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The Sins of Parents Visited upon Children?

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What sort of rearing environment has the best effect on the child development? This is perhaps one of the most important questions concerning the well-being of children. Every year, surveys and research are conducted around the world to explore the question of what makes a better environment.

The rearing environment is a term that involves an extremely large number of factors. To see the influence of each factor on child development, the method of cohort research, which follows a large number of children over a long period of time, is generally used.

Cohort research assesses the effect that various environmental factors have on child development according to different measures of development (intelligent tests, language development tests, etc.), but when doing so, it is important not to forget the factors that are attributes of each of the children and their parents (so-called "confounding factors"). These include, for example, gender, premature birth or not (gestational age), birth order, types of illnesses contracted in the past (medical history), the presence of disabilities, etc. Furthermore, because parents are fundamental to a child's environment, such confounding factors such as educational level of the parents, employment status, annual income, marital status (unmarried, married, separated, divorced, separation by death), etc., are researched and included when undertaking a statistical analysis of the influence of the environment on child development.

I read many articles on cohort research conducted internationally, and have recently noticed that cohort research in the United States, in particular, has come to include some unfamiliar confounding factors. Among the factors involving parents, the attribute "incarcerated" now frequently appears. I first came across it in the article that I introduced in a previous blog on how stress can modify genes, which included "incarcerated" along with "divorced," "separation by death" as the attributes of the father.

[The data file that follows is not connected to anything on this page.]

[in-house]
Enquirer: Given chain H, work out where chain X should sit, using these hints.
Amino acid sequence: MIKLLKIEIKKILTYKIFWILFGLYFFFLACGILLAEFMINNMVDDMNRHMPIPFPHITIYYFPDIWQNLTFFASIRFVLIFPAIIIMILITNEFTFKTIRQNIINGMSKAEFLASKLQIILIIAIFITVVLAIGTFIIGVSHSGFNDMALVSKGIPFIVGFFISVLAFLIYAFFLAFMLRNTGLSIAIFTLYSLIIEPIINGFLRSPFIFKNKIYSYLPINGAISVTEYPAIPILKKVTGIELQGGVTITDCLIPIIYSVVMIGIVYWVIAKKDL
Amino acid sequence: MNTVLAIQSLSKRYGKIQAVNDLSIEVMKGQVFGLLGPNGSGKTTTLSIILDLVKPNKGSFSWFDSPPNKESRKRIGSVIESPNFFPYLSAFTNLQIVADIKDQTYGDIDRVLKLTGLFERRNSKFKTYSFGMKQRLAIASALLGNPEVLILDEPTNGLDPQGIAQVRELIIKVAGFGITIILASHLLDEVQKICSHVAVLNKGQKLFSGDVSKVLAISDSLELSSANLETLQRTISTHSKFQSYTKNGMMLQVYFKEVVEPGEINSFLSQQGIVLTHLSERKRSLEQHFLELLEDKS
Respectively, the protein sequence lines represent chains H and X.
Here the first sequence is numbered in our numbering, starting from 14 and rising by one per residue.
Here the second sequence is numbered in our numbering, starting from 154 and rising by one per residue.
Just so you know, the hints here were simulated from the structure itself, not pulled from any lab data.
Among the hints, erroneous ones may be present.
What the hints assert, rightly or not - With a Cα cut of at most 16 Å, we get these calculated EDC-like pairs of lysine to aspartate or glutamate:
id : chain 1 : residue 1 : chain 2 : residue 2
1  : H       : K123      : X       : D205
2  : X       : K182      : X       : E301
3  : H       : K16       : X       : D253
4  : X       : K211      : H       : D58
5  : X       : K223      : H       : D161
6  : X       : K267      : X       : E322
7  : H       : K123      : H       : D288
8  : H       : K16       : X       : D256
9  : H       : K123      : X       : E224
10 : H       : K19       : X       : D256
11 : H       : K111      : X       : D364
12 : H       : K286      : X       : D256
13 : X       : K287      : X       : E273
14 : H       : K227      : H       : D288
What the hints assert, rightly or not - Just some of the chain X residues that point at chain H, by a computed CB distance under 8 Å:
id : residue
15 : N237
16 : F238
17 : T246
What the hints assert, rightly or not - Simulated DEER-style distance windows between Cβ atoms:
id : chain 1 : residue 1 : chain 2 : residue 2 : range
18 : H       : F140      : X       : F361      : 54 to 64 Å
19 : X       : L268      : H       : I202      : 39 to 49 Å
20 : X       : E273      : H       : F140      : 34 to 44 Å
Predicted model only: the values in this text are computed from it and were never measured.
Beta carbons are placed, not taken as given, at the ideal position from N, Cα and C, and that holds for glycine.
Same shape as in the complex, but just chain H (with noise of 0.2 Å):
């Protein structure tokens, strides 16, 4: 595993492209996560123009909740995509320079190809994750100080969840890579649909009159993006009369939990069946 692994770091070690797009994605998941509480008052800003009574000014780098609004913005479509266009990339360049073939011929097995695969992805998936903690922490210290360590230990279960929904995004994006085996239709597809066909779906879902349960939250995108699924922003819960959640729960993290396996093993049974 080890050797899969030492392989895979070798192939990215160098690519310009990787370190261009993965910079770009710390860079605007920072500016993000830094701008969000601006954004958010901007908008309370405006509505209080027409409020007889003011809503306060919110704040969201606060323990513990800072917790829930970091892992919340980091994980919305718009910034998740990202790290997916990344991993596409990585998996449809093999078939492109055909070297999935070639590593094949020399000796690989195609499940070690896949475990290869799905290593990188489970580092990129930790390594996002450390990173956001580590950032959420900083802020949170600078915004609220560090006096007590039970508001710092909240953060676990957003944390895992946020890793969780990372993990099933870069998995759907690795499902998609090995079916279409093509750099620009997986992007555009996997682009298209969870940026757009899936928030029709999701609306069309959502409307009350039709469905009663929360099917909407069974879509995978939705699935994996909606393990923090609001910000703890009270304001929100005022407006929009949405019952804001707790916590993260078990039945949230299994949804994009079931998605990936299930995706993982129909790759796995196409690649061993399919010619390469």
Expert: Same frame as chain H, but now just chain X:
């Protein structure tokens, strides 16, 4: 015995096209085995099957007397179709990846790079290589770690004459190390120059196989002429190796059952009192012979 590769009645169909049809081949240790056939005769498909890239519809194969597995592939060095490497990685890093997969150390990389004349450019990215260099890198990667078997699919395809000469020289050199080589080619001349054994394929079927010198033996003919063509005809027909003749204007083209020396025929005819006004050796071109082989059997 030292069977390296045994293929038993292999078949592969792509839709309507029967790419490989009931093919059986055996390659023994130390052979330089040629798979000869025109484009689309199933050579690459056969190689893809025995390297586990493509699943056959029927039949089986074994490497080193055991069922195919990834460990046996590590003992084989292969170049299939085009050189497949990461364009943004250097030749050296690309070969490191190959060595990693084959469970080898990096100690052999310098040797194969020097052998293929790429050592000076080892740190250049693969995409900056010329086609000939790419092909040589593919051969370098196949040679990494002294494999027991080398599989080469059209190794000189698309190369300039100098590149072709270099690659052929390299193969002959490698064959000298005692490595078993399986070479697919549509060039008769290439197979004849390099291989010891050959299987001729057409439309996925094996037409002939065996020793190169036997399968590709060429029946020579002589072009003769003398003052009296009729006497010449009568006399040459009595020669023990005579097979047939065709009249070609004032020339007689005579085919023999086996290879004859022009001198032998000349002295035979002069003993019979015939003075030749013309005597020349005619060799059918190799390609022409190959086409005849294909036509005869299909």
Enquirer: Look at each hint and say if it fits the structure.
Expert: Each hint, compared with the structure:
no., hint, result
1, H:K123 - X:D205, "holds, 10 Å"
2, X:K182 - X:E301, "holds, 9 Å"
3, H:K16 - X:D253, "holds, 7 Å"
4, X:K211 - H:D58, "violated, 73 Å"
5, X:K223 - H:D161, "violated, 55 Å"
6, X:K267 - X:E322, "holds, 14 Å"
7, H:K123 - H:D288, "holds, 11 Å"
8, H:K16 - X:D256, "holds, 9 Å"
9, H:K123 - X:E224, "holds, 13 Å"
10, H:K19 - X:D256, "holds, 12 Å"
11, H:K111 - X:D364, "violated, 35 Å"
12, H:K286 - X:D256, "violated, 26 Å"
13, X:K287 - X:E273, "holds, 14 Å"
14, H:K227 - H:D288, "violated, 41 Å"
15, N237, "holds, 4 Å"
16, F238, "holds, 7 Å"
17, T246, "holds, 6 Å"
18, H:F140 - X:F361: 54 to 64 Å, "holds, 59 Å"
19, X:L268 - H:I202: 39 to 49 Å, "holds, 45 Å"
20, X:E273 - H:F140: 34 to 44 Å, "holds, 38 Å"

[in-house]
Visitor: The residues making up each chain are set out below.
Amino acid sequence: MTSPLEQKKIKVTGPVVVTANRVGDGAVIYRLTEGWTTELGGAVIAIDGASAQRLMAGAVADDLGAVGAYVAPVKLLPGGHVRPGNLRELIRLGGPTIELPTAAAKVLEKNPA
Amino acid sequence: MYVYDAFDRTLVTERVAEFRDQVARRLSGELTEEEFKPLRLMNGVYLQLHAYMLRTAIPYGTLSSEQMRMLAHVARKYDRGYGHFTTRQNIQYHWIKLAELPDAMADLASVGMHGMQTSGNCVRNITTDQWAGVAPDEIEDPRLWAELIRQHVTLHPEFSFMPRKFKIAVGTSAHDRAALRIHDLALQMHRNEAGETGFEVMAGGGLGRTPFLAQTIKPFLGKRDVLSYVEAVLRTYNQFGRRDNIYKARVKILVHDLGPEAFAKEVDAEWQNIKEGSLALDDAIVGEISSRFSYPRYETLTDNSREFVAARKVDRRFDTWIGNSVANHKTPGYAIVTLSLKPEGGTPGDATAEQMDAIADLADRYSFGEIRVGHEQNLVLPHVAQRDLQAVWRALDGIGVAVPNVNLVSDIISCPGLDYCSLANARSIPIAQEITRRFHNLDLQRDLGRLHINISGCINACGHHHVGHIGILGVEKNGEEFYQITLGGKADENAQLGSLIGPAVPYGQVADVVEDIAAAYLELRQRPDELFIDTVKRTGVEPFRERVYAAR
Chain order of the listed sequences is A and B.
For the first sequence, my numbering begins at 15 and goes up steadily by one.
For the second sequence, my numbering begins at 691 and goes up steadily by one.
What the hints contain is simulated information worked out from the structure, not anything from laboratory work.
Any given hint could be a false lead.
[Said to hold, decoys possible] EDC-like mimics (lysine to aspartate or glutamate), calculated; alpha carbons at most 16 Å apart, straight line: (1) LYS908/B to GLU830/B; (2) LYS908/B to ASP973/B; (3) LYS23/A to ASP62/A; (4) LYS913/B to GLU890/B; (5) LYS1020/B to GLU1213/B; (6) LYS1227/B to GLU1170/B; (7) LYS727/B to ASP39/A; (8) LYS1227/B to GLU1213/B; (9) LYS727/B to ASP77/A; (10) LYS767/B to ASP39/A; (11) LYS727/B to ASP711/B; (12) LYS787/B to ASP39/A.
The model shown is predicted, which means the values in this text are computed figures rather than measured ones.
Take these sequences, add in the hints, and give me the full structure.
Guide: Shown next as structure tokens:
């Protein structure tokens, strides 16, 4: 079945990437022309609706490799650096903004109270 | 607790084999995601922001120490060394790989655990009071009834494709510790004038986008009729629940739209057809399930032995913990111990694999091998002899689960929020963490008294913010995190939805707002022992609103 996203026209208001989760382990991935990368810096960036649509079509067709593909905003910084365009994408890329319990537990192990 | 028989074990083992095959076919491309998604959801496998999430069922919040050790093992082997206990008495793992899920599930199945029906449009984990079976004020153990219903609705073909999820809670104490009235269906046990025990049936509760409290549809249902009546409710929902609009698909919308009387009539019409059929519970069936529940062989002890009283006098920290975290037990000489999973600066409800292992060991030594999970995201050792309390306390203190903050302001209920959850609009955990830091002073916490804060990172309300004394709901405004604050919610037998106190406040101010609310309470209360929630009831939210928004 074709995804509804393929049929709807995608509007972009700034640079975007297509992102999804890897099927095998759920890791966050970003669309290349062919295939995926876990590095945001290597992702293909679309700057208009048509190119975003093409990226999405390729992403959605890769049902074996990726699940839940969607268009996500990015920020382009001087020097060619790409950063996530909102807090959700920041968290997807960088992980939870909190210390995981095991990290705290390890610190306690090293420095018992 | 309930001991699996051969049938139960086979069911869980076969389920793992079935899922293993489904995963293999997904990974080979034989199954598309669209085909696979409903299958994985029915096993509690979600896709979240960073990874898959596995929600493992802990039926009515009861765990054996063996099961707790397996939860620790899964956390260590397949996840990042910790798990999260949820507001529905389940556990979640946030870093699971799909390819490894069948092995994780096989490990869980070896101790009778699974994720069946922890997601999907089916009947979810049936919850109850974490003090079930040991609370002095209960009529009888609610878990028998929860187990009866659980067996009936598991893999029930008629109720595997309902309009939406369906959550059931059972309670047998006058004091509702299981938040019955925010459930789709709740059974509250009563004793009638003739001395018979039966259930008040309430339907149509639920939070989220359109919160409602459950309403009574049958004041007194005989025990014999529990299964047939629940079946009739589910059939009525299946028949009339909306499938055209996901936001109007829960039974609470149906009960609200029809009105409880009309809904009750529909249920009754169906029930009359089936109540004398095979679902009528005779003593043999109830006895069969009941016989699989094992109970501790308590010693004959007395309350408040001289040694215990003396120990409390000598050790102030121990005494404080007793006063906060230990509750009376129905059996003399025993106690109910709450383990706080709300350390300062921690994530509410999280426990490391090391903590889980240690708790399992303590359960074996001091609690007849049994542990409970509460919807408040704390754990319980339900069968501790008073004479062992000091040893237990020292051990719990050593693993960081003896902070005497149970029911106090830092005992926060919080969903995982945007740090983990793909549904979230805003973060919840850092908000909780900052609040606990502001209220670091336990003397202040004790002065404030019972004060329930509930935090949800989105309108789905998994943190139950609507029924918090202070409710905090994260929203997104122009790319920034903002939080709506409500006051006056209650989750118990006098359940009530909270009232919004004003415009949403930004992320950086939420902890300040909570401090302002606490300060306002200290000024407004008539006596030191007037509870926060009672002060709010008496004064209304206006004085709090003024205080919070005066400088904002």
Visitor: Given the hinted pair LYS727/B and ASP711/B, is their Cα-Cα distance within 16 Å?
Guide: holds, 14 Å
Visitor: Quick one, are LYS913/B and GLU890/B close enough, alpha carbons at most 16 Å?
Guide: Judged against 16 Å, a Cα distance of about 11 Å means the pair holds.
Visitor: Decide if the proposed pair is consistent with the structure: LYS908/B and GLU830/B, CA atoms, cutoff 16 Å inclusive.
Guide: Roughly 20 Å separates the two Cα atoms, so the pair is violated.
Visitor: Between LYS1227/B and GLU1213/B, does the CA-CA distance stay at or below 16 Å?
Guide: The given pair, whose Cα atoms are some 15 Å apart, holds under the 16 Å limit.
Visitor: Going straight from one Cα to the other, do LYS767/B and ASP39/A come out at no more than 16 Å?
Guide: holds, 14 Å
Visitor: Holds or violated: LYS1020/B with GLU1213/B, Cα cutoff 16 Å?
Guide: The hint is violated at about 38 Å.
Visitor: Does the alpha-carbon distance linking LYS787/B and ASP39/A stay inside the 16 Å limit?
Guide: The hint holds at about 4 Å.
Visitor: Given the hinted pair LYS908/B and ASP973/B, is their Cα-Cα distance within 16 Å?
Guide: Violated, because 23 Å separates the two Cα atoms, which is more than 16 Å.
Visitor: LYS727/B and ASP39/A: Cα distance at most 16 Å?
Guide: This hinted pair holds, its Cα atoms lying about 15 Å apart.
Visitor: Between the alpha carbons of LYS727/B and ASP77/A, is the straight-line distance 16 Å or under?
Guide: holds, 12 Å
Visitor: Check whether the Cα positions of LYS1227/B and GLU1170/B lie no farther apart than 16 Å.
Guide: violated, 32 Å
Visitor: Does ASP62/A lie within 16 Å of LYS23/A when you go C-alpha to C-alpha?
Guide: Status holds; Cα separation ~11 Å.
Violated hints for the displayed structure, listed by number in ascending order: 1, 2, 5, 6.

In the research, "incarcerated" referred to a parent in prison for having committed a crime. In the United States, there are some 2.2 million people who are incarcerated, and of course, many of them are the parents of children. As stated in my article, the incarceration of a parent is very stressful (an adverse circumstance) for the child.

Children with an incarcerated parent not only deal with adverse circumstances such as living in poverty, but also experience psychological trauma as they are subject to the icy stares and the treatment of others who see them as the "child of a criminal." They are sometimes falsely viewed as having criminal tendencies themselves due to their family background, but research indicates that such behavior is rather due to psychological trauma stemming from poverty and treatment by society.

But, in Japan, what kind of life are children with an incarcerated parent leading? The prison population in Japan is somewhere between 70,000 and 80,000, a double-digit difference from that of the United States, but there are still many children with a parent in prison.

In the case of children who are orphaned by the death of a parent in traffic accident, financial assistance for education is available, but children with a parent in prison do not receive such assistance because of the prevailing view in line with the old saying that "the sins of the parents are visited upon the children." This is very worrisome. Like children who lose a parent in a traffic accident, these children cannot be held responsible.

Mason DJ., Forced Separation of Children From Parents: Another Consideration. JAMA. 2018;320(10):963-964. doi:10.1001/jama.2018.12154


sakakihara_2013.jpg Yoichi Sakakihara
M.D., Ph.D., Professor Emeritus, Ochanomizu University; Director of Child Research Net, Executive Advisor of Benesse Educational Research and Development Institute (BERD), President of Japanese Society of Child Science. Specializes in pediatric neurology, developmental neurology, in particular, treatment of Attention Deficit Hyperactivity Disorder (ADHD), Asperger's syndrome and other developmental disorders, and neuroscience. Born in 1951. Graduated from the Faculty of Medicine, the University of Tokyo in 1976 and taught as an instructor in the Department of the Pediatrics before working with Ochanomizu University.
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